Art Director. Nationality: Indian. Born: Sialkot (now in Pakistan), 1924. Education: Attended schools in Kashmir; studied painting in Calcutta. Career: 1950—assistant art director on Jean Renoir's The River; 1955—first film as art director, Pather Panchali, first of many films by Satyajit Ray; directed several documentaries; President, Art Directors Association, Bombay. Died: In New York, 27 June 1981.
Films as Art Director:
Pather Panchali (Father Panchali) (Ray)
Aparajito (The Unvanquished) (Ray)
Parash Pathar (Ray); Seema
Jalsaghar (The Music Room) (Ray)
Apur Sansar (The World of Apu) (Ray)
Devi (The Goddess) (Ray)
Rabindranath Tagore (Ray—doc); Teen Kanya (Two Daughters) (Ray)
Abhijan (Expedition) (Ray)
Mahanagar (The Big City) (Ray)
Charulata (The Lonely Wife) (Ray)
Kapurush-o-Mahapurush (The Coward and the Saint) (Ray)
Nayak (The Hero) (Ray)
Aranyer Din Ratri (Days and Nights in the Forest) (Ray)
Maya Darpan (Shahani)
27 Down (Kaul)
Shatranj Ke Khilari (The Chess Player) (Ray)
36 Chowringhee Lane (A. Sen)
Aarohan (Ascending Scale) (Benegal)
Films as Director:
Glimpses of West Bengal (doc)
Ganga Sagar (doc)
Happening in Calcutta (doc)
By CHANDRAGUPTA: articles—
Montage, July 1966.
Madhuri, 16 November 1978.
In The New Generation, 1960–1980, edited by Uma de Cunha, New Delhi, 1981.
Obituary in Variety, 1 July 1981.
* * *
Bansi Chandragupta, by far India's best production designer, aspired to be a painter and went to Calcutta to study painting at the insistence of Subho Tagore, but friendship with Satyajit Ray in the late 1940s attracted him to the career of art director, then an unheard-of concept in Bengali or Indian cinema. Ardent and long viewing of Western films with Ray, mostly at the Calcutta Film Society (founded by Ray and his friend Chidananda Dasgupta, later a noted film critic), nurtured his imagination for realistic production sets, then lacking in most studio-oriented Indian films.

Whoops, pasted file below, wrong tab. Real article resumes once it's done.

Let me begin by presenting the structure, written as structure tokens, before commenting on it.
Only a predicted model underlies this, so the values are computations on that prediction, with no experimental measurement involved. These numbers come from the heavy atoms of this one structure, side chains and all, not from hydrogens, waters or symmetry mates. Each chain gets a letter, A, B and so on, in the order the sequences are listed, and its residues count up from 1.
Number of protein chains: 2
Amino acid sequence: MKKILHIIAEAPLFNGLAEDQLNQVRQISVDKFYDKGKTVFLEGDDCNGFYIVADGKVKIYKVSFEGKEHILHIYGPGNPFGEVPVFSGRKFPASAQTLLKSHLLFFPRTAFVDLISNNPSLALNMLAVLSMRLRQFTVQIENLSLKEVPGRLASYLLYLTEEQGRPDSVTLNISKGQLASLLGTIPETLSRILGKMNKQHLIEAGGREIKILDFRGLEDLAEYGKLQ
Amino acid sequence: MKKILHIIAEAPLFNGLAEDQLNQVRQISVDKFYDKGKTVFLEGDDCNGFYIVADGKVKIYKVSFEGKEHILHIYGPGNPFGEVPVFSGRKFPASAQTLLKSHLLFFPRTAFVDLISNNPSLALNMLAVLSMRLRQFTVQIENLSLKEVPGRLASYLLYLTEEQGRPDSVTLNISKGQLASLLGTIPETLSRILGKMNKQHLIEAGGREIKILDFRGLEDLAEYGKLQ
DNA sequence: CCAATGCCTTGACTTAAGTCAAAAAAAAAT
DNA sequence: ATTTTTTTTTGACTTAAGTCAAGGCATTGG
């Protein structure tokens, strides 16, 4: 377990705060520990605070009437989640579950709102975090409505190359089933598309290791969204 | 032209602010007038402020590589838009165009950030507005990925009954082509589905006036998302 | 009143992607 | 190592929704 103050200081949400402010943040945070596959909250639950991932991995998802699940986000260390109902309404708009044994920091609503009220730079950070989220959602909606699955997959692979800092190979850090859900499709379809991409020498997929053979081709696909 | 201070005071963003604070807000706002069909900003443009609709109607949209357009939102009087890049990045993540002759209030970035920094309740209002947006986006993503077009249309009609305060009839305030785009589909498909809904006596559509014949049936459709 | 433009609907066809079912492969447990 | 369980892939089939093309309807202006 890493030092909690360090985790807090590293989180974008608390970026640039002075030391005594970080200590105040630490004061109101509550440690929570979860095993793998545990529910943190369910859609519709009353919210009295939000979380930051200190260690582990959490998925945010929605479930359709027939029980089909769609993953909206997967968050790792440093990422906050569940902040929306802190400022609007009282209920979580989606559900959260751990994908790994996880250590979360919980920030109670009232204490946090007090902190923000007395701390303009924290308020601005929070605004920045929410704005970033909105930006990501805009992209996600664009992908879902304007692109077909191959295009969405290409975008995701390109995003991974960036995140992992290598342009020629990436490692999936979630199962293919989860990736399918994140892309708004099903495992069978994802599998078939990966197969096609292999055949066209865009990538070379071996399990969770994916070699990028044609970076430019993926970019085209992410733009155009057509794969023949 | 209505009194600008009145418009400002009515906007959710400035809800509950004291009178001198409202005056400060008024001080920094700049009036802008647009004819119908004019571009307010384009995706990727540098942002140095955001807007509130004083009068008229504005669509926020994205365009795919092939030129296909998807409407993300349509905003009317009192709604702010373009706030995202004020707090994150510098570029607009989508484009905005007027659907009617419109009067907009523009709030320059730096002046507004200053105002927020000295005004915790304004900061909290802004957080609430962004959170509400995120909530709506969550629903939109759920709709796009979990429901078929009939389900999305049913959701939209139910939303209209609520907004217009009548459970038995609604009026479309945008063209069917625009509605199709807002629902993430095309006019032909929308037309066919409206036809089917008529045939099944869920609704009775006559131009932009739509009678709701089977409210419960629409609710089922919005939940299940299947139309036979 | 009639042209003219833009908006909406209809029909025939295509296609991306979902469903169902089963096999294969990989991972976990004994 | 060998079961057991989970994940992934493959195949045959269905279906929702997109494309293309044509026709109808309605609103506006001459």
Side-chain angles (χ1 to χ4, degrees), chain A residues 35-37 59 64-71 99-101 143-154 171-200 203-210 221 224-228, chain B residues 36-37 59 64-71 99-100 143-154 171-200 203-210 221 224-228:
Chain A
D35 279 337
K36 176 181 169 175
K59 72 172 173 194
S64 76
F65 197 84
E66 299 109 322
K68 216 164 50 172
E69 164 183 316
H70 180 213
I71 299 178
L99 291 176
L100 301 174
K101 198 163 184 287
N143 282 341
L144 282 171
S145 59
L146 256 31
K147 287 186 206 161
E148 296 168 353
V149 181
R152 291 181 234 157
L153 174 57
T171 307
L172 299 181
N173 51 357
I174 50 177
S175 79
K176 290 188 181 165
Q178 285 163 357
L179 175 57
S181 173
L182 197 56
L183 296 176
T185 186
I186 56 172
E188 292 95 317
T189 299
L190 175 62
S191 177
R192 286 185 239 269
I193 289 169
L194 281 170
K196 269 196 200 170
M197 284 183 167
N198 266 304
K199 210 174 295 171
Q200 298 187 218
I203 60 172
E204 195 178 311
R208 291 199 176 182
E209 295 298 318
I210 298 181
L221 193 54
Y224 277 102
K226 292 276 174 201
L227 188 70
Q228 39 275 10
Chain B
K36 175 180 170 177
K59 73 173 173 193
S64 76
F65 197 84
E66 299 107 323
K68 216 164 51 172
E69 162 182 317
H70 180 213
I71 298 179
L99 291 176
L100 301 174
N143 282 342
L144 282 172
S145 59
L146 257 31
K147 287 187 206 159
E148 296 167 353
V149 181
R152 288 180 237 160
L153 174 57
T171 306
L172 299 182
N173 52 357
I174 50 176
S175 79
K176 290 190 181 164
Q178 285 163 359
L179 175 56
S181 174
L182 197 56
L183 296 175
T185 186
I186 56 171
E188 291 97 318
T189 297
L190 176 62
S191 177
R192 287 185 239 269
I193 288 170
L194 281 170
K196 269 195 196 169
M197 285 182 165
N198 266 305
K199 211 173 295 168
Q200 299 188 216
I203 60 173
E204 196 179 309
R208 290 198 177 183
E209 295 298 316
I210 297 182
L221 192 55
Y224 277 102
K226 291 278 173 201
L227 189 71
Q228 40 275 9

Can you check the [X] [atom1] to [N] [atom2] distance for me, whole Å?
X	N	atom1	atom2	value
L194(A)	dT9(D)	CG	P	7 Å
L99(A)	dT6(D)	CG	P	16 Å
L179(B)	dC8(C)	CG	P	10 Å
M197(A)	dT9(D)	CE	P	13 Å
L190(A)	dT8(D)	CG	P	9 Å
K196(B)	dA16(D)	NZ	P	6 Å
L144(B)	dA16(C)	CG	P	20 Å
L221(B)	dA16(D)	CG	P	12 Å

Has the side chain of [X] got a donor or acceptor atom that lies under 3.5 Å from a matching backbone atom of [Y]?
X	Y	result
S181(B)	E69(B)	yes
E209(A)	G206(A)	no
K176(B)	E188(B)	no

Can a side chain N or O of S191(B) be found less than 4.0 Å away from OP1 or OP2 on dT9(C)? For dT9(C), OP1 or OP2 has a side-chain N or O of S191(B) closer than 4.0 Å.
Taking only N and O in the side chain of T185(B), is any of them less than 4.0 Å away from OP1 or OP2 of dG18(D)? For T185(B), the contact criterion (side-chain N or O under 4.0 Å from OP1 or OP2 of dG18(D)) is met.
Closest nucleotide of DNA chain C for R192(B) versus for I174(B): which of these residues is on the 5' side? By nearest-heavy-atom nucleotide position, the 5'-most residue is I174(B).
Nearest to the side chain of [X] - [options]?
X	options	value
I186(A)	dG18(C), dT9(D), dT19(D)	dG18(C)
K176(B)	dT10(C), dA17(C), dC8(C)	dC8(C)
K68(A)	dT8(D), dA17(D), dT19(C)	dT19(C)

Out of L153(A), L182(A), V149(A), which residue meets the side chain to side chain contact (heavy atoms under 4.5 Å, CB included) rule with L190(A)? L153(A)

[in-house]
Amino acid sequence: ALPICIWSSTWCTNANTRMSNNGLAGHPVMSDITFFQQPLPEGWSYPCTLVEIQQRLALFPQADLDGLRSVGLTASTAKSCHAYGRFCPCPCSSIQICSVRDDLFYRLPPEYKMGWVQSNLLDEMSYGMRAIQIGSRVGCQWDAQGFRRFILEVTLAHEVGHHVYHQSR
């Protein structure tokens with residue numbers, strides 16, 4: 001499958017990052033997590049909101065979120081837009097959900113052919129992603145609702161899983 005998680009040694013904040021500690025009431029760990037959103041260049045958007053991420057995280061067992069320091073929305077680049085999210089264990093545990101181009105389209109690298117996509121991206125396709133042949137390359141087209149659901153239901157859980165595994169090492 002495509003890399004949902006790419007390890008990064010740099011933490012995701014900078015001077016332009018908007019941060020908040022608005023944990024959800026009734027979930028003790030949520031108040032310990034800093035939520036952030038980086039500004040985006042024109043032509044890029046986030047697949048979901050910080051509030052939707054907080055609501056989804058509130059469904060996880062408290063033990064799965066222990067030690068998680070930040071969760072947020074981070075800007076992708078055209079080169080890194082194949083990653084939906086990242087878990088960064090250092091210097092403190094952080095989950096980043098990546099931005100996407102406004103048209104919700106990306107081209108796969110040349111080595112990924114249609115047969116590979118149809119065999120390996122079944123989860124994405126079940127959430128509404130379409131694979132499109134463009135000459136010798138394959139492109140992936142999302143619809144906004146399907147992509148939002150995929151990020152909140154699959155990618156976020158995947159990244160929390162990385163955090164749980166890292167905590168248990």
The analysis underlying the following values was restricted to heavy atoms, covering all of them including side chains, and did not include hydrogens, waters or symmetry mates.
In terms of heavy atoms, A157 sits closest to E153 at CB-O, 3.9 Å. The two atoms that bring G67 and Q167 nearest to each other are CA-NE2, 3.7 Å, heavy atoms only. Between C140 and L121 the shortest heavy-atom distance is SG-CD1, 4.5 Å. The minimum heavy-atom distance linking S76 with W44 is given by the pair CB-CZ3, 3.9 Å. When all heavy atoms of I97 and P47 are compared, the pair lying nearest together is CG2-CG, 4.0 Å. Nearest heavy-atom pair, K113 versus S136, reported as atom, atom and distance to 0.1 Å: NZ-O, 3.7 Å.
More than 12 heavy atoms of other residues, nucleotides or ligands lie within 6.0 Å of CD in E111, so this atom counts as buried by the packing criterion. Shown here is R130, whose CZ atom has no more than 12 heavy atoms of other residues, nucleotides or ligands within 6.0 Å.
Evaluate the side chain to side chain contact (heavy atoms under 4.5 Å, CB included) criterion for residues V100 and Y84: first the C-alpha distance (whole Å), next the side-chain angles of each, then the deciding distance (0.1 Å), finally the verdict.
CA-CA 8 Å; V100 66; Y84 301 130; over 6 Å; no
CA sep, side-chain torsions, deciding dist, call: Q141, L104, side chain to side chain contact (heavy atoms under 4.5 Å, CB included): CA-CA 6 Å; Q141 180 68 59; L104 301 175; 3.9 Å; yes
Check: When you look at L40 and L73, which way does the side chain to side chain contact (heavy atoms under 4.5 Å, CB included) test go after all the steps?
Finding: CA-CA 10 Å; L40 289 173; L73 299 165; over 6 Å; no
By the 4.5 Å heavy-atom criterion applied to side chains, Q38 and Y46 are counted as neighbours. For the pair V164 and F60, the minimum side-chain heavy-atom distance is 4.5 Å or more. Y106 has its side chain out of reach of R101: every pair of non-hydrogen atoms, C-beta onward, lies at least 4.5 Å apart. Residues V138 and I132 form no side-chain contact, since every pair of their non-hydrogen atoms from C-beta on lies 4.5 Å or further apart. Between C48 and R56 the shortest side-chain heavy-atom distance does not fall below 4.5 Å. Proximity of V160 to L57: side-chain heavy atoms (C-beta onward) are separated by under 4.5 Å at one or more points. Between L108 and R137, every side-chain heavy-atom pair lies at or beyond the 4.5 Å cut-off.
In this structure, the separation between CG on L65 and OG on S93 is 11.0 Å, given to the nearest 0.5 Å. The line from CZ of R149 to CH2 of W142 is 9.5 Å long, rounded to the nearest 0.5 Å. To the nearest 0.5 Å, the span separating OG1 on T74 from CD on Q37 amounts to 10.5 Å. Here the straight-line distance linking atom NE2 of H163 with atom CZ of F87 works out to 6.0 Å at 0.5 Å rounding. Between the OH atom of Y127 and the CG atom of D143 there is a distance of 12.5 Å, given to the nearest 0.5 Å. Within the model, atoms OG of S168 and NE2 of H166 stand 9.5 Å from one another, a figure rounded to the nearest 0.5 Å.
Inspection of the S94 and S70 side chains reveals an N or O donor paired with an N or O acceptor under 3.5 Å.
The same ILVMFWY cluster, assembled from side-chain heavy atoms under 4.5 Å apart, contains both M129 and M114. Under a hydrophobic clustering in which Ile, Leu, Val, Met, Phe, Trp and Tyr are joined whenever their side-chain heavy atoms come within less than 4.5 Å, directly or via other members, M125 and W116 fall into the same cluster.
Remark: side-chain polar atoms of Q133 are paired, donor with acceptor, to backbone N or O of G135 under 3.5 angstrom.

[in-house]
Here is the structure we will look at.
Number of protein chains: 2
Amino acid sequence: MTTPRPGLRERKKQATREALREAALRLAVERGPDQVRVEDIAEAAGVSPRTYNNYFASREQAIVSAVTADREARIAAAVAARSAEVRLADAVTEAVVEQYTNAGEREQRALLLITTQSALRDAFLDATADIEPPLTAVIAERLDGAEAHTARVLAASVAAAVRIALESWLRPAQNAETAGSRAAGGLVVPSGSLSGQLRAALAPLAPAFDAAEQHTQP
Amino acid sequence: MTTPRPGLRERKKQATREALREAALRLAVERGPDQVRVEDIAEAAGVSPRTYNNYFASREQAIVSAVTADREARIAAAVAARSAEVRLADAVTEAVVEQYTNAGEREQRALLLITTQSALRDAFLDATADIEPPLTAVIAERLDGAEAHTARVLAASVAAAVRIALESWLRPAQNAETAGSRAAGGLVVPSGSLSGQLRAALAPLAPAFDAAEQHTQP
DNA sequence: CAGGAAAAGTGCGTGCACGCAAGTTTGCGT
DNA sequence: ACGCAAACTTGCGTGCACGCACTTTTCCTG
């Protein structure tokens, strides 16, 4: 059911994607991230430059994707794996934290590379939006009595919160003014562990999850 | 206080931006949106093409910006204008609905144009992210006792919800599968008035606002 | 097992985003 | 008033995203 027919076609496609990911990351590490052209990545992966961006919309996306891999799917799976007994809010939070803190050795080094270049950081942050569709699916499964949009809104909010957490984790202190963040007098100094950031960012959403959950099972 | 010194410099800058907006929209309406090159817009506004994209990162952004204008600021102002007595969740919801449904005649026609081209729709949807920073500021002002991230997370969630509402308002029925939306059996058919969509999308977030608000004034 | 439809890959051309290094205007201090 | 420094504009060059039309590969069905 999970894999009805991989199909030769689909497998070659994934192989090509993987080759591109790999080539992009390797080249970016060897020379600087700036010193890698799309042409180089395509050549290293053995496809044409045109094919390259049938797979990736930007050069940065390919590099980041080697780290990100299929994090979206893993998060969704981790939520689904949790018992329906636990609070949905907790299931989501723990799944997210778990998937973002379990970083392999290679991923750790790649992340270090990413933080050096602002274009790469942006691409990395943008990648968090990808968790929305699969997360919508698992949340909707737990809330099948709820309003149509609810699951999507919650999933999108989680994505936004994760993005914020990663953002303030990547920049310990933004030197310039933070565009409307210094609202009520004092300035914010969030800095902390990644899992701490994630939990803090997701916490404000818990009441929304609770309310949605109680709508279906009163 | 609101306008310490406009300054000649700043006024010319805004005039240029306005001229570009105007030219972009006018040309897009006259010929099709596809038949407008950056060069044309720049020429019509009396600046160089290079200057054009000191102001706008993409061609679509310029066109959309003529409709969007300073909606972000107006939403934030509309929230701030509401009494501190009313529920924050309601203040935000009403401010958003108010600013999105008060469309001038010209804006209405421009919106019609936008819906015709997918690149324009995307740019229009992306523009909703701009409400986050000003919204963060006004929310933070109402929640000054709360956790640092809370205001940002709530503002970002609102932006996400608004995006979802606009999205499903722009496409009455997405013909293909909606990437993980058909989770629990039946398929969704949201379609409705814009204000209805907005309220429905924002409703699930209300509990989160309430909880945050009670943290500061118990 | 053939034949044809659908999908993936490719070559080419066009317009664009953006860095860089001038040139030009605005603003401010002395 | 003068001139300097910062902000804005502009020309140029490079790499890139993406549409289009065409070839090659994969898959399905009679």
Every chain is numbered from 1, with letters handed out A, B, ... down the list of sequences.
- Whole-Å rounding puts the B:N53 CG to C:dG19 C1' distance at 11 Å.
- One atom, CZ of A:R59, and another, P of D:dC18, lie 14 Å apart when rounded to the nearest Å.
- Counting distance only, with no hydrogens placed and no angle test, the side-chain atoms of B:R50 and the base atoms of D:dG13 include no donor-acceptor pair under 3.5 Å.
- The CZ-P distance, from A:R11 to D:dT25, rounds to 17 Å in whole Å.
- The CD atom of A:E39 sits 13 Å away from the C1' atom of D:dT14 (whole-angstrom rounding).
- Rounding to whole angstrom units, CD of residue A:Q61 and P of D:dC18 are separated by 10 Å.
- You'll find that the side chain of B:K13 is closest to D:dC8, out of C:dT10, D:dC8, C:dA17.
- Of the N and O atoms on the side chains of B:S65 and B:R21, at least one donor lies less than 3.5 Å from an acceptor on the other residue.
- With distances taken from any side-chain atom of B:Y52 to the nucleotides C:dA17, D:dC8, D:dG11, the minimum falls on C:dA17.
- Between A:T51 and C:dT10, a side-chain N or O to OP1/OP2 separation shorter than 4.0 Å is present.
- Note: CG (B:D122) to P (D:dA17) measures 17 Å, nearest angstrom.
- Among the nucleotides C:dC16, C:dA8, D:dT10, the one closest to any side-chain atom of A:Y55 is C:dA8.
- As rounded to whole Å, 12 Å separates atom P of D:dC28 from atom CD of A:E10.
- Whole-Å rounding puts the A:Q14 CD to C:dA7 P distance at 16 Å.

Opportunity came with Renoir's The River on the recommendation of Ray and Harisadhan Dasgupta. But the most satisfying beginning was made with designing outdoor sets for Ray's Pather Panchali, e.g., the hut in which Apu spends his childhood and other locales of the Bengali village. His most accomplished work that marked him out in later life were studio sets for Ray's Charulata, Nayak, and Shatranj Ke Khilari. He designed the bogey of the highspeed train for the shooting of Nayak so flawlessly that it was mistaken by most viewers as a real railway compartment. He recreated the mid-nineteenth century milieu of the British general Outram and the pre-Mutiny Muslim habitats of Lucknow in Shatranj. His ambition to switch over to directing was cut short by his untimely death, though he made three documentaries for the West Bengal Government.
Chandragupta's ideas on art direction and production design were very unconventional. Although a pioneer and ardent advocate of location shooting, he told an interviewer later in life that "outdoor shooting cannot compare with the excellence of indoor setting where factual details can be more easily established." It is surprising to hear from him that "85 per cent of Ray's films are shot indoors." For his most acclaimed work, in Shatranj, he was helped by Ray who studied pre-Mutiny Lucknow thoroughly, and by the paintings of Gaziuddin Hyder, a Nawab of Audh, preserved in the Victoria Memorial, Calcutta. The throne of Wazed Ali, for example, was copied from one such painting. Bansi was critical of set design in the commercial Hindi films of Bombay which were crudely expensive, gaudy, unrealistic, and generally outside the purview of directors. "Spending on sets is not infractuous but it is also challenging to design sets within a limited budget." For good set designing, there should be close collaboration between the director, the scriptwriter, and the designer. A set should not be a replica of what already exists, but built with a view to its photogenic appeal. "Anything that is not effective through the lens, is a waste of good money and effort," he told an interviewer in 1966.